President Obama stepped to the podium this morning at the United Nations General Assembly and declared, "This year has been a time of transformation. More nations have stepped forward to maintain international peace and security. And more individuals are claiming their universal right to live in freedom and dignity." Yet Iran stands out, oppressing its people, defaulting on its international obligations and sending to New York a leader who is weaker than ever before. U.S. leadership, coalition pressure and the prospect of diplomacy have put Iran under unprecedented pressure, even as outgoing Joint Chiefs Chairman Admiral Mullen reminded us yesterday that diplomacy and outreach between our countries was "something we all need to spend a lot of time on."
Today President Barack Obama addressed the United Nations General Assembly, expressing his vision of America's role in the world and reflecting on changes in the international landscape since he last addressed the General Assembly. The president pointed to progress on terrorism; democracy movements in the Middle East and Africa; transitions in Iraq and Afghanistan; efforts to promtoe open government and human rights; and strengthened alliances aimed at preventing the spread of nuclear weapons. "[I]t has been a remarkable year," President Obama said. "Something is happening in our world. The way things have been is not the way they will be."
President Obama prepares to address the United Nations General Assembly with solid public support for his national security policies. An approach that combines robust U.S. leadership with U.S. engagement at the UN and another international institutions is paying off - in progress fighting terrorism, stopping the spread of nuclear weapons and supporting transitions away from dictatorship and toward democracy. The past year of transformation presents the U.S. with major new opportunities and challenges. Partnerships like those forged at the UN will be central to both promoting our interests and balancing international responsibilities with our needs at home.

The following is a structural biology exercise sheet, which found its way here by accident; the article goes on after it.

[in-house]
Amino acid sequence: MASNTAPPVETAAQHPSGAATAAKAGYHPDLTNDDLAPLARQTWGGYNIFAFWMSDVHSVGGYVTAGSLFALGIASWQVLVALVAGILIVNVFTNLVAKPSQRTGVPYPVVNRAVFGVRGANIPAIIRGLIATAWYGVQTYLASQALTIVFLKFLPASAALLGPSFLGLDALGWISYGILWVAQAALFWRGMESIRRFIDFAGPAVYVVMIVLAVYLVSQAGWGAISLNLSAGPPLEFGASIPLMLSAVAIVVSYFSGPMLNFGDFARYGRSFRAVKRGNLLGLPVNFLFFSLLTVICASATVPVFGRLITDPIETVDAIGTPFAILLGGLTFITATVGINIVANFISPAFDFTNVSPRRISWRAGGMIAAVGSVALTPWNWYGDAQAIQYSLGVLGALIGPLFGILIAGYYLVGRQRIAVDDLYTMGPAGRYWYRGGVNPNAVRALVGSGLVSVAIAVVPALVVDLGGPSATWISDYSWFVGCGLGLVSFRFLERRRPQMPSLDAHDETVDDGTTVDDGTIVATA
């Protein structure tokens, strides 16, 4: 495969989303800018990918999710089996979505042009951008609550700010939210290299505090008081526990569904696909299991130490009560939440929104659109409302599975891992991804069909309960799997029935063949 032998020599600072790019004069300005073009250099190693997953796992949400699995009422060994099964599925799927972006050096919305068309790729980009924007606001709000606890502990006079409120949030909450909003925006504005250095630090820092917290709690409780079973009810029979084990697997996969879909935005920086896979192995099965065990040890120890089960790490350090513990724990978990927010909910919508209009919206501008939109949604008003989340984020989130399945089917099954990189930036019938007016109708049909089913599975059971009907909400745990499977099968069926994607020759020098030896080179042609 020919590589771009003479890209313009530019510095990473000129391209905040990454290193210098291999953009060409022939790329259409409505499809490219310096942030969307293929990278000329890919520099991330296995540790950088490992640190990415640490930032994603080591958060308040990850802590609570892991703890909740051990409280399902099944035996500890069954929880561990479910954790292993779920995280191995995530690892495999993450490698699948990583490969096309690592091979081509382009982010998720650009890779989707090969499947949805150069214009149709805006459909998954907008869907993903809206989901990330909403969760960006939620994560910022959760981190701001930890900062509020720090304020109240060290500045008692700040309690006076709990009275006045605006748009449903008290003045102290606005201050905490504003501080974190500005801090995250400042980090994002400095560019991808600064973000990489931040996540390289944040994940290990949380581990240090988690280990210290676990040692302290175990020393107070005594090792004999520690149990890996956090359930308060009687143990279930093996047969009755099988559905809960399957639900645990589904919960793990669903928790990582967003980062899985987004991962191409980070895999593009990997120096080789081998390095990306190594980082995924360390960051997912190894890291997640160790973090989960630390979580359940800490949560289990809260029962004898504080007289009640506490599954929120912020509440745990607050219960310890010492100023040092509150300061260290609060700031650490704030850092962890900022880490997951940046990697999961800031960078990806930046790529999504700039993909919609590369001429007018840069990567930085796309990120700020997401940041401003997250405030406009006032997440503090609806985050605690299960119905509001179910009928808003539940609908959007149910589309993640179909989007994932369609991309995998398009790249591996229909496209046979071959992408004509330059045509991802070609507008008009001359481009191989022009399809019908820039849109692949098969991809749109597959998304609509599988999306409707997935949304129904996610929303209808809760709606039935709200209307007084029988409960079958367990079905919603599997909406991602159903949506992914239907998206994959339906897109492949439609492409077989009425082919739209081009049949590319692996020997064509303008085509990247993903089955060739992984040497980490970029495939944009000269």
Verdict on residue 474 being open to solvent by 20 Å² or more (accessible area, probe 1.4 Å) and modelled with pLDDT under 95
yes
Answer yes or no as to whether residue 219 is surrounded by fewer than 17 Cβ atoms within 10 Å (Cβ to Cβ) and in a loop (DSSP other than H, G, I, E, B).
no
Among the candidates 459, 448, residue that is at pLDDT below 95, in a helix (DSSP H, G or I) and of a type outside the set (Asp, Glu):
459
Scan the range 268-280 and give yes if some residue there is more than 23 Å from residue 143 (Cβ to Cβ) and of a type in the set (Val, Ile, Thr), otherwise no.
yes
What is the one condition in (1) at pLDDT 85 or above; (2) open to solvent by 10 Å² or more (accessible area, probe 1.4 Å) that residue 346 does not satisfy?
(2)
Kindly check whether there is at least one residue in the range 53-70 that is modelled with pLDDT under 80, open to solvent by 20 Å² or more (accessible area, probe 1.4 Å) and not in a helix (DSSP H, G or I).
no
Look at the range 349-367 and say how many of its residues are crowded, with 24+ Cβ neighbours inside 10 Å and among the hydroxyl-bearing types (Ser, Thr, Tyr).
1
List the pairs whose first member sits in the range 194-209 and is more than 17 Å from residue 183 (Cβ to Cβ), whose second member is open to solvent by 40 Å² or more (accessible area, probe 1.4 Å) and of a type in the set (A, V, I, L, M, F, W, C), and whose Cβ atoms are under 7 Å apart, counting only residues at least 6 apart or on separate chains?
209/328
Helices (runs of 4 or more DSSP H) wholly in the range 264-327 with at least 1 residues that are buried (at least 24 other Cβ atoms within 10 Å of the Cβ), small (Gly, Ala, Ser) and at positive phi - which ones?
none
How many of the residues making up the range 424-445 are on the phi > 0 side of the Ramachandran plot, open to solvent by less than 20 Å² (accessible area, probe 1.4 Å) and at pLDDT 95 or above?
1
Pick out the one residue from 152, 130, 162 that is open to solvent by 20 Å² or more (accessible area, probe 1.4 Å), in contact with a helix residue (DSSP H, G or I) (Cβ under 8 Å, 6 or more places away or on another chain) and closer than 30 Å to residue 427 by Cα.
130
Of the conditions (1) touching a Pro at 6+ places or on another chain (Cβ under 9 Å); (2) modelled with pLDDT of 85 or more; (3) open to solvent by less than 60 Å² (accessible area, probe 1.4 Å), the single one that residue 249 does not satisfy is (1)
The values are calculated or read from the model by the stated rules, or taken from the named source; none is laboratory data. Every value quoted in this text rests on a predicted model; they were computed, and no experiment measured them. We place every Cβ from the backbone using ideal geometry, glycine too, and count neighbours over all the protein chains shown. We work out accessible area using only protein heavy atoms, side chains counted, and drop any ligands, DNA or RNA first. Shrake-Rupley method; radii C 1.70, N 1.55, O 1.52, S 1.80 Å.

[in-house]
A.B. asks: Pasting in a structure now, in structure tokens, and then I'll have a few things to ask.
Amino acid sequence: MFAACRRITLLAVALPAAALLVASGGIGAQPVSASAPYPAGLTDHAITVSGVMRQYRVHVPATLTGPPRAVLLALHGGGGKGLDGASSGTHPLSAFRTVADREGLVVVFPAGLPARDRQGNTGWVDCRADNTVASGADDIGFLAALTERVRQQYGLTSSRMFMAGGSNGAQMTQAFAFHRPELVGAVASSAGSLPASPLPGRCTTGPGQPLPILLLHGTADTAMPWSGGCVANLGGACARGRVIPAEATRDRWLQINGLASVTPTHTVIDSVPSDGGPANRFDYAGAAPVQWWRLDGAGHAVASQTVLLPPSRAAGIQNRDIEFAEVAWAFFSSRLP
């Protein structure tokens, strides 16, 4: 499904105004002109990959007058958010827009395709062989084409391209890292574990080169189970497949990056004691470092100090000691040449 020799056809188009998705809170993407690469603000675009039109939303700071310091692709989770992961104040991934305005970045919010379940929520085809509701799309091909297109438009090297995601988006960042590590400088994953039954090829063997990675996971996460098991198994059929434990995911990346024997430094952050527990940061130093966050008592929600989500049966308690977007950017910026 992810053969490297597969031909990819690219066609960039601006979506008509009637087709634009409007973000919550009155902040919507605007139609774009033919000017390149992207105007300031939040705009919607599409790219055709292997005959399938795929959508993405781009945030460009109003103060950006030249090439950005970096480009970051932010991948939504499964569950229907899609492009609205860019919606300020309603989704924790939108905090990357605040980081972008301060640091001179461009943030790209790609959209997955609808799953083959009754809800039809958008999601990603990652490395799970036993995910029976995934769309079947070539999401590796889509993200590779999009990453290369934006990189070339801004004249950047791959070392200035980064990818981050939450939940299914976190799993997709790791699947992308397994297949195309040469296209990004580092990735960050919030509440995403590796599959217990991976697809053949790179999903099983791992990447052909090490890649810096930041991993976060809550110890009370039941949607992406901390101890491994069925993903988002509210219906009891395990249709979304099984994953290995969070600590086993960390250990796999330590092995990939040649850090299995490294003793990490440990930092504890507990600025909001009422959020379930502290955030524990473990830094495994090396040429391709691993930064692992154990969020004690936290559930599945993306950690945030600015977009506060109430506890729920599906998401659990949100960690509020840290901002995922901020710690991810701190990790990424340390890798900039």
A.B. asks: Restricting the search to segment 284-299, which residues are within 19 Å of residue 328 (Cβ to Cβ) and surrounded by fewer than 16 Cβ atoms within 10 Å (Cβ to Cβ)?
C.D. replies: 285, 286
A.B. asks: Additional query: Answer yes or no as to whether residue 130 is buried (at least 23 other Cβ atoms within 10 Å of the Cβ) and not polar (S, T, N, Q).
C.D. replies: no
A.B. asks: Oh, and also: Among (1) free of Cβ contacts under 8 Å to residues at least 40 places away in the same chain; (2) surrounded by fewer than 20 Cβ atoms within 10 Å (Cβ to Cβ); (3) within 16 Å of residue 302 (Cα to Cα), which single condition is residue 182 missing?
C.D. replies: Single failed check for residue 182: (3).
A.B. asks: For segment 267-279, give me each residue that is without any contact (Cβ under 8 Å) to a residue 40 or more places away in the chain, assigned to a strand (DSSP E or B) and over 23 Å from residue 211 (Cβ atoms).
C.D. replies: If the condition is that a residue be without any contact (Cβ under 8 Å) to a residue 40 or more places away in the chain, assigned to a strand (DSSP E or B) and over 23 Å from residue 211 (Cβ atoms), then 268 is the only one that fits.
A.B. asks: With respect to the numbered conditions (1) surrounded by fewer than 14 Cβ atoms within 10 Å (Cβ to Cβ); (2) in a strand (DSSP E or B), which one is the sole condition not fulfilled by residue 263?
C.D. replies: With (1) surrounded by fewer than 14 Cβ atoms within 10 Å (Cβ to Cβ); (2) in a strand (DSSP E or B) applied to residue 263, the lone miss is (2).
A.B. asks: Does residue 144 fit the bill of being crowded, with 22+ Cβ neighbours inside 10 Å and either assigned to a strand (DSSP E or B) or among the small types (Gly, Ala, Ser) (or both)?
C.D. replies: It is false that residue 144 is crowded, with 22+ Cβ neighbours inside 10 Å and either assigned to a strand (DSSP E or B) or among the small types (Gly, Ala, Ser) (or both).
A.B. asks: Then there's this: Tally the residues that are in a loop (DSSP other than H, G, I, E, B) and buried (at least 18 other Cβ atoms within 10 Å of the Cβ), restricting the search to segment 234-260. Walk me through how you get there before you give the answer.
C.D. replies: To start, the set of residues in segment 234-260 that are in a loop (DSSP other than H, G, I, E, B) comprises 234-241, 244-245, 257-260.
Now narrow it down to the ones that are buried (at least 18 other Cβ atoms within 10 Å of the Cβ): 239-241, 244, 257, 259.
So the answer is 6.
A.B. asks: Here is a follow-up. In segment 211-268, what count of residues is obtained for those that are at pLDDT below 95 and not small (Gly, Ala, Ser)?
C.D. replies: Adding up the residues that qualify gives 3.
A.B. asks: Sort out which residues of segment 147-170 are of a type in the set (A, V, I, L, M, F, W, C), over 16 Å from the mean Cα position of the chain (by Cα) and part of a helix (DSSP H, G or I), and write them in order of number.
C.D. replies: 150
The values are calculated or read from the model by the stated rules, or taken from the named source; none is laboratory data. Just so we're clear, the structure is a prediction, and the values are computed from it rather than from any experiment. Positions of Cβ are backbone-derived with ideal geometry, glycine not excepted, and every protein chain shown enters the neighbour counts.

When Iranian president Mahmoud Ahmadinejad arrives in New York next week to address the UN General Assembly, he will do so with little power at home and as one of the last remaining authoritarian figures in the region. International pressure continues to mount against Iran as questions about its nuclear program go unanswered and its internal crackdown persists. Iran is clearly feeling this pressure. In recent days, Iran has signaled that it may be open to discussing nuclear issues that it had previously refused to address and has launched an all-out "charm offensive" against additional pressure and isolation.
Yesterday, the sixty-sixth session of the United Nations General Assembly opened in New York, the International Atomic Energy Agency Board of Governors convened for its second day, and reports out of Iran suggested modest yet significant progress on human rights and nuclear talks. Against this backdrop, the National Security Network and the Project on Middle East Democracy hosted a panel discussion of how the democracy movements sweeping the Arab world are interacting with regional dynamics to create new opportunities and challenges for the U.S. - and how this is playing out at the United Nations.
This weekend tensions rose in the Middle East and diplomats prepared for a possible vote in the UN General Assembly on Palestinian statehood. In dramatic and quickly-changing circumstances, the U.S. has unchanging national interests: an unshakeable commitment to the security of our ally Israel and a peaceful resolution to the Israeli-Palestinian conflict. Over the weekend, Prime Minister Netanyahu said Israel owed President Obama "a special measure of gratitude" for U.S. work with Egypt to protect Israeli diplomatic personnel under siege. At the same time, the weekend's events highlight the importance of close U.S. ties with all the countries of the region - and visible progress toward resolving the conflict. The perpetuation of the Israeli-Palestinian conflict foments extremism and frustration in the Arab world, creating challenges for U.S. military, diplomatic and economic objectives. Progress toward resolving the conflict will not resolve all of the problems in the Middle East, but it will make it easier to pursue core U.S. interests, in addition to making life safer and easier for Israelis and Palestinians.
Iran returns to the world stage this week, in U.S. electoral politics and in anticipation of a discussion of its nuclear ambitions, human rights violations and political weakness at the United Nations General Assembly and International Atomic Energy Agency next week. Iran presents itself with menacing actions that consistently come up short - technical delays in its nuclear program, regional allies turned pariah in Syria, autocracy left behind by its "Arab Spring" neighbors. Dealing with Iran will require persistence, international unity and strategic patience - we have opportunities for influence, but no magic bullets.